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As far as I know in order to use two subnets on one physical cable VLAN's are recommended.

However, is it possible to achieve this (i.e: two subnets on one physical network)

like 192.168.1.0/24 and 10.0.0.0/8 networks.

What kind of problems or hidden rocks this way contains?

With VLAN's it's possible to better isolate so users wouldn't easly sniff the other network. But in my environment it's okay if user on one subnet could listen to the traffic on another network. Is it the only problem?

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1 Answer 1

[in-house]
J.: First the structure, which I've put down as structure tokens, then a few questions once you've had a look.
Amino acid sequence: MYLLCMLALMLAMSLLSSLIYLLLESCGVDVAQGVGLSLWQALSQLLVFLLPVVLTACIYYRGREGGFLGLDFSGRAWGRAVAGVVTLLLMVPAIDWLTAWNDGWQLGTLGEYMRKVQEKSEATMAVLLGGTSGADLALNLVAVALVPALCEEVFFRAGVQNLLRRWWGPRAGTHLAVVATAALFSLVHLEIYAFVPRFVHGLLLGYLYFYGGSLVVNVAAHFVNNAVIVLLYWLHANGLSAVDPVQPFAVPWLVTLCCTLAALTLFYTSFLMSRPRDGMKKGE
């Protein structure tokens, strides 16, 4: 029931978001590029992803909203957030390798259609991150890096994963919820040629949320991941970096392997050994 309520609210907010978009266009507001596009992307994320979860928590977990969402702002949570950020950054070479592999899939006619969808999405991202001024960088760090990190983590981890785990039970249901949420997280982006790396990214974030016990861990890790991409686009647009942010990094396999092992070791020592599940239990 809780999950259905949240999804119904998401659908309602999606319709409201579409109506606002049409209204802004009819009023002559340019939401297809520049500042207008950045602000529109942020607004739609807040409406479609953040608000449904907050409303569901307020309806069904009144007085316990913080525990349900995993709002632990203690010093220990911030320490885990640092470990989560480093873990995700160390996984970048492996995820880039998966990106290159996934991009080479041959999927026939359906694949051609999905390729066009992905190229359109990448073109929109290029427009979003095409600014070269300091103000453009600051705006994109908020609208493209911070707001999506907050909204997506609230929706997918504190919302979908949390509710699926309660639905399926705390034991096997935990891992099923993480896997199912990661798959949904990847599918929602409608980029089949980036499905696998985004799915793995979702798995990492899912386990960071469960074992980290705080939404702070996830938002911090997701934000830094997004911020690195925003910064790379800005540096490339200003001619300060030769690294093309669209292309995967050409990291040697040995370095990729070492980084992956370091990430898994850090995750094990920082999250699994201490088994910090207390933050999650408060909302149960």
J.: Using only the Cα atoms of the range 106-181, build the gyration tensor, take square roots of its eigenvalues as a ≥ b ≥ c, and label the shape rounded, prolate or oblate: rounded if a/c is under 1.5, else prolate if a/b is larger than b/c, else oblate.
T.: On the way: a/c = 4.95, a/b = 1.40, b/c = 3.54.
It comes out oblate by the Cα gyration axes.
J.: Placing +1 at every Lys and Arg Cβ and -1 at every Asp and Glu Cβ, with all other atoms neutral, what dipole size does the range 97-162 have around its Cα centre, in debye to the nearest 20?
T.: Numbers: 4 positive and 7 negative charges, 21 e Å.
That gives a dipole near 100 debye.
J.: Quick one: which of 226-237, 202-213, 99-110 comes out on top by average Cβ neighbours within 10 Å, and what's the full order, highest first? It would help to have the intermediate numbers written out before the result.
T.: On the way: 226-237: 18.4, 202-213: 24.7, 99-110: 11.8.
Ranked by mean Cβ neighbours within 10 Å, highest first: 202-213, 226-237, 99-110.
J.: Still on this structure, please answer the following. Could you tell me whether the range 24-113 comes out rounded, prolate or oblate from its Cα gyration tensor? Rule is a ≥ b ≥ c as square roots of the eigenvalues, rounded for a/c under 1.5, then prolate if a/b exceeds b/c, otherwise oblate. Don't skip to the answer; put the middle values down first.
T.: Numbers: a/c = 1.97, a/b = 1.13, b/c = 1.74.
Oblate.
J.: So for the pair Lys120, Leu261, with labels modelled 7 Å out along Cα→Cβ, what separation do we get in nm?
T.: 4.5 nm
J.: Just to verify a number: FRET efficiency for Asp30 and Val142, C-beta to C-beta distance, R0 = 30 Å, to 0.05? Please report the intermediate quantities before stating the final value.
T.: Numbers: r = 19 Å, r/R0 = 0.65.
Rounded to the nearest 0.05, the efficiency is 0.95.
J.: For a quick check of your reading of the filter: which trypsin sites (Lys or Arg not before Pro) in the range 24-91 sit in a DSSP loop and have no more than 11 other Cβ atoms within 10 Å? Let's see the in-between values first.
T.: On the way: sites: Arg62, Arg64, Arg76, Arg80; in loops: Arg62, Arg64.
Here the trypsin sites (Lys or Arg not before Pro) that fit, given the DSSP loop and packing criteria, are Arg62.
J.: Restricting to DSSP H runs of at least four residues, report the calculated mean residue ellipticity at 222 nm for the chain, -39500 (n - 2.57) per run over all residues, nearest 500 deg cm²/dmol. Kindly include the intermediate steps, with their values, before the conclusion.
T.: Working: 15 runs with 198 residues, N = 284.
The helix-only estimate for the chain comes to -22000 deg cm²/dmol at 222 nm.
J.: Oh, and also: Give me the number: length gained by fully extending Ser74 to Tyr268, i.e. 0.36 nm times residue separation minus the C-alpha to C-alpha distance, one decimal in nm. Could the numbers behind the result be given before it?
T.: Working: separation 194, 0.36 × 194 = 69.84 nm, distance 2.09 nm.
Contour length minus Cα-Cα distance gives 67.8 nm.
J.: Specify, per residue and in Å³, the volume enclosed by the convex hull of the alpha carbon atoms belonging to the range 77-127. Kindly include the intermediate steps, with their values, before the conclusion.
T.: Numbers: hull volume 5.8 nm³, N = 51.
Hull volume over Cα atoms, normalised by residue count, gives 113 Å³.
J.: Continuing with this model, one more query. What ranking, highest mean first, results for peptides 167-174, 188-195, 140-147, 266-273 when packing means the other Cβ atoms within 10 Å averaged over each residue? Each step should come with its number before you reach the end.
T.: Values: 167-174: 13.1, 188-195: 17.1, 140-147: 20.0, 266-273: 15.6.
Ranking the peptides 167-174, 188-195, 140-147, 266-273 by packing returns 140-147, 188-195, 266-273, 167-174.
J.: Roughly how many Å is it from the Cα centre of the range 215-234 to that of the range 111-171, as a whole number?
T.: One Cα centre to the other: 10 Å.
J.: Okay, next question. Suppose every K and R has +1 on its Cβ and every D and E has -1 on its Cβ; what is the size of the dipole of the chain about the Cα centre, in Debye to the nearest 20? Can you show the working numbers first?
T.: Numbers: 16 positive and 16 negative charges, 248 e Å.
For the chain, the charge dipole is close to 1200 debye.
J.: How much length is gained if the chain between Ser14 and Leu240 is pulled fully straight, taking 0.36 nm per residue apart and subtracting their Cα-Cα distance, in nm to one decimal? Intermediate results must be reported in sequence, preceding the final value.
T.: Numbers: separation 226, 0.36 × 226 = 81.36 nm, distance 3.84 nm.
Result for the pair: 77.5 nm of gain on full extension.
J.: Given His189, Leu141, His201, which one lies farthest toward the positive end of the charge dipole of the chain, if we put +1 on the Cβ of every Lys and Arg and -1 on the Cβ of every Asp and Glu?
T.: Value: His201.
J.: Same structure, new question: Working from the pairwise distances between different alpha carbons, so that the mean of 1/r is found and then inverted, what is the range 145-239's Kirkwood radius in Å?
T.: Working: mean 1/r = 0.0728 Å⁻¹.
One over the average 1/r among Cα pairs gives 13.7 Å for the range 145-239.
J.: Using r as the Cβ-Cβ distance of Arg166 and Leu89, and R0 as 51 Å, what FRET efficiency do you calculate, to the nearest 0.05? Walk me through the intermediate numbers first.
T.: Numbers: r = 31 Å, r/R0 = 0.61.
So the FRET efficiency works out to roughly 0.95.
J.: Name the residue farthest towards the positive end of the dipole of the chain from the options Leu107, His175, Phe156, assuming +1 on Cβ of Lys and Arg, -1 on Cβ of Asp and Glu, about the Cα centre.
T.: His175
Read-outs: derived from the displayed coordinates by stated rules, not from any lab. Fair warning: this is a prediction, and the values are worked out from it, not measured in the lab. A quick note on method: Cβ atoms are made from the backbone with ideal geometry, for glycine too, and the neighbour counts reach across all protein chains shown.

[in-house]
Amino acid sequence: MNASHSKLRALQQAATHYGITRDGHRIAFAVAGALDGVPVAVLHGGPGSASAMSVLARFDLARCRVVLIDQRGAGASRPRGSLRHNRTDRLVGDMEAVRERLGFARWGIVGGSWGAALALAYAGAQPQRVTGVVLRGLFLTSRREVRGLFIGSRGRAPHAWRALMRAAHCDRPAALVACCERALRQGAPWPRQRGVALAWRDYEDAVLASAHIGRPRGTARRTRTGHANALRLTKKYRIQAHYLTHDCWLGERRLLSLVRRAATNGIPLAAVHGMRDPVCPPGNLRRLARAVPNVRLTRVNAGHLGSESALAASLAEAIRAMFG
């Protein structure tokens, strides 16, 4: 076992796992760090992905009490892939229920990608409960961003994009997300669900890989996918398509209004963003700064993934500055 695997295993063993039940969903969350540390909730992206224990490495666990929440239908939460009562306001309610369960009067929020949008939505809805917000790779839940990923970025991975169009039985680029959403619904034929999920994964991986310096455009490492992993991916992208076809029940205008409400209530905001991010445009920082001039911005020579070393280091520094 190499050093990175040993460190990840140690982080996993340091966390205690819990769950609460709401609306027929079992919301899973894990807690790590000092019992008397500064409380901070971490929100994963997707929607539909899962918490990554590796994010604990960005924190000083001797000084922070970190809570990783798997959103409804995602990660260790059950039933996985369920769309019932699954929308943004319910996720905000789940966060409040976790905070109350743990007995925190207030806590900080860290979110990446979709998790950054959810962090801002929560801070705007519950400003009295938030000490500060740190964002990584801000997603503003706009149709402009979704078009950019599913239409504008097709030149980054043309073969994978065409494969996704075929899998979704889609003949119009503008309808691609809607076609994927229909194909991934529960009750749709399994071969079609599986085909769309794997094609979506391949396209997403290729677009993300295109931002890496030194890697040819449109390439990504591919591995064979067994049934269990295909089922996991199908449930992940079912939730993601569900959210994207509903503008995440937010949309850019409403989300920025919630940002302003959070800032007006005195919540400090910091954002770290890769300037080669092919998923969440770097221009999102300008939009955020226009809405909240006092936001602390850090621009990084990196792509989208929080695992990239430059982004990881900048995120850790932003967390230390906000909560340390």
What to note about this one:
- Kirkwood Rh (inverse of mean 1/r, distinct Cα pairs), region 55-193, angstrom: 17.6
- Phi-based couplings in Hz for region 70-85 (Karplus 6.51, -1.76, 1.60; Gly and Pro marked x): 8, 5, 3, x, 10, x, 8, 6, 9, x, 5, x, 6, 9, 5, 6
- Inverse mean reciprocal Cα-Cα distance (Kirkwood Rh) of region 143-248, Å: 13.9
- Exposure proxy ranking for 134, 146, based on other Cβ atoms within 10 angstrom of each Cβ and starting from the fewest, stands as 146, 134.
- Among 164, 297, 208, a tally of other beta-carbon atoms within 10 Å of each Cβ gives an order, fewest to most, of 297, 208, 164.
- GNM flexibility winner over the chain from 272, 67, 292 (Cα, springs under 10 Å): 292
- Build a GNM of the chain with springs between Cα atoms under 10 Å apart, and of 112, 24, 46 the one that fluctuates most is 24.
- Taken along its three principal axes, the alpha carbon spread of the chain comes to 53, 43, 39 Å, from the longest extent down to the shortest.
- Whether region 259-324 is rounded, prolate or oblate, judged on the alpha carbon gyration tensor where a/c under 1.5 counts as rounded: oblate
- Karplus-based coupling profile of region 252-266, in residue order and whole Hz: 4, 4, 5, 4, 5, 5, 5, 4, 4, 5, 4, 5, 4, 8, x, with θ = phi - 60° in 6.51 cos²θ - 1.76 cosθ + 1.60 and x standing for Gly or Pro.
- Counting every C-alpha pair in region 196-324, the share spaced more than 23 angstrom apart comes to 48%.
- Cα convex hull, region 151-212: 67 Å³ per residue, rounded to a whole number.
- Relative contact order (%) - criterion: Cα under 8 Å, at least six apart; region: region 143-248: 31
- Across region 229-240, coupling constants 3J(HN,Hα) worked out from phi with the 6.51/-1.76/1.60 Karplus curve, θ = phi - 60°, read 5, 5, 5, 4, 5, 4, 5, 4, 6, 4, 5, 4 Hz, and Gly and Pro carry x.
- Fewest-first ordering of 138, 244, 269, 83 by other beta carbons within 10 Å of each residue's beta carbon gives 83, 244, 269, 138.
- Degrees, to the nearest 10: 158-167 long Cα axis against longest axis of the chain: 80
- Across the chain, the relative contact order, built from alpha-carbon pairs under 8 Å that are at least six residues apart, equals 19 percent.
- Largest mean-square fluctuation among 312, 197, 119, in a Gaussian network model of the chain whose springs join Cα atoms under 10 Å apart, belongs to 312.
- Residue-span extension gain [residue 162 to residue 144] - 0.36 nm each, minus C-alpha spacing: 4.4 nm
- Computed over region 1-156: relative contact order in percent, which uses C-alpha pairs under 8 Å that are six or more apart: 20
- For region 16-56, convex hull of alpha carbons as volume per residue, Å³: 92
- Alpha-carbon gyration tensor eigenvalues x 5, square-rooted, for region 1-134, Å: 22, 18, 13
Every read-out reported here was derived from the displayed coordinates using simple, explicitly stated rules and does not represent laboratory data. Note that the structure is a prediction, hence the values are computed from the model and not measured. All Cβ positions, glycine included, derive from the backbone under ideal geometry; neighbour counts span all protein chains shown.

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It is perfectly possible -- and not terribly uncommon -- to run two separate layer 3 (i.e, "IP") networks over one layer 2 (i.e, "Ethernet") network. A common use case for this is in environments that allow self-registration of network clients. Unregistered clients get address on one subnet, and once registered they get an address on another, less restricted network (one that might allow outbound network access, for instance).

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thanks, how routing is configured then? should one pc have two ip addresses on both networks and set a route to it? –  bakytn Apr 3 '12 at 9:32
    
Yes, a PC would need an address on both networks, and both networks would need a default gateway defined. –  larsks Apr 3 '12 at 11:00

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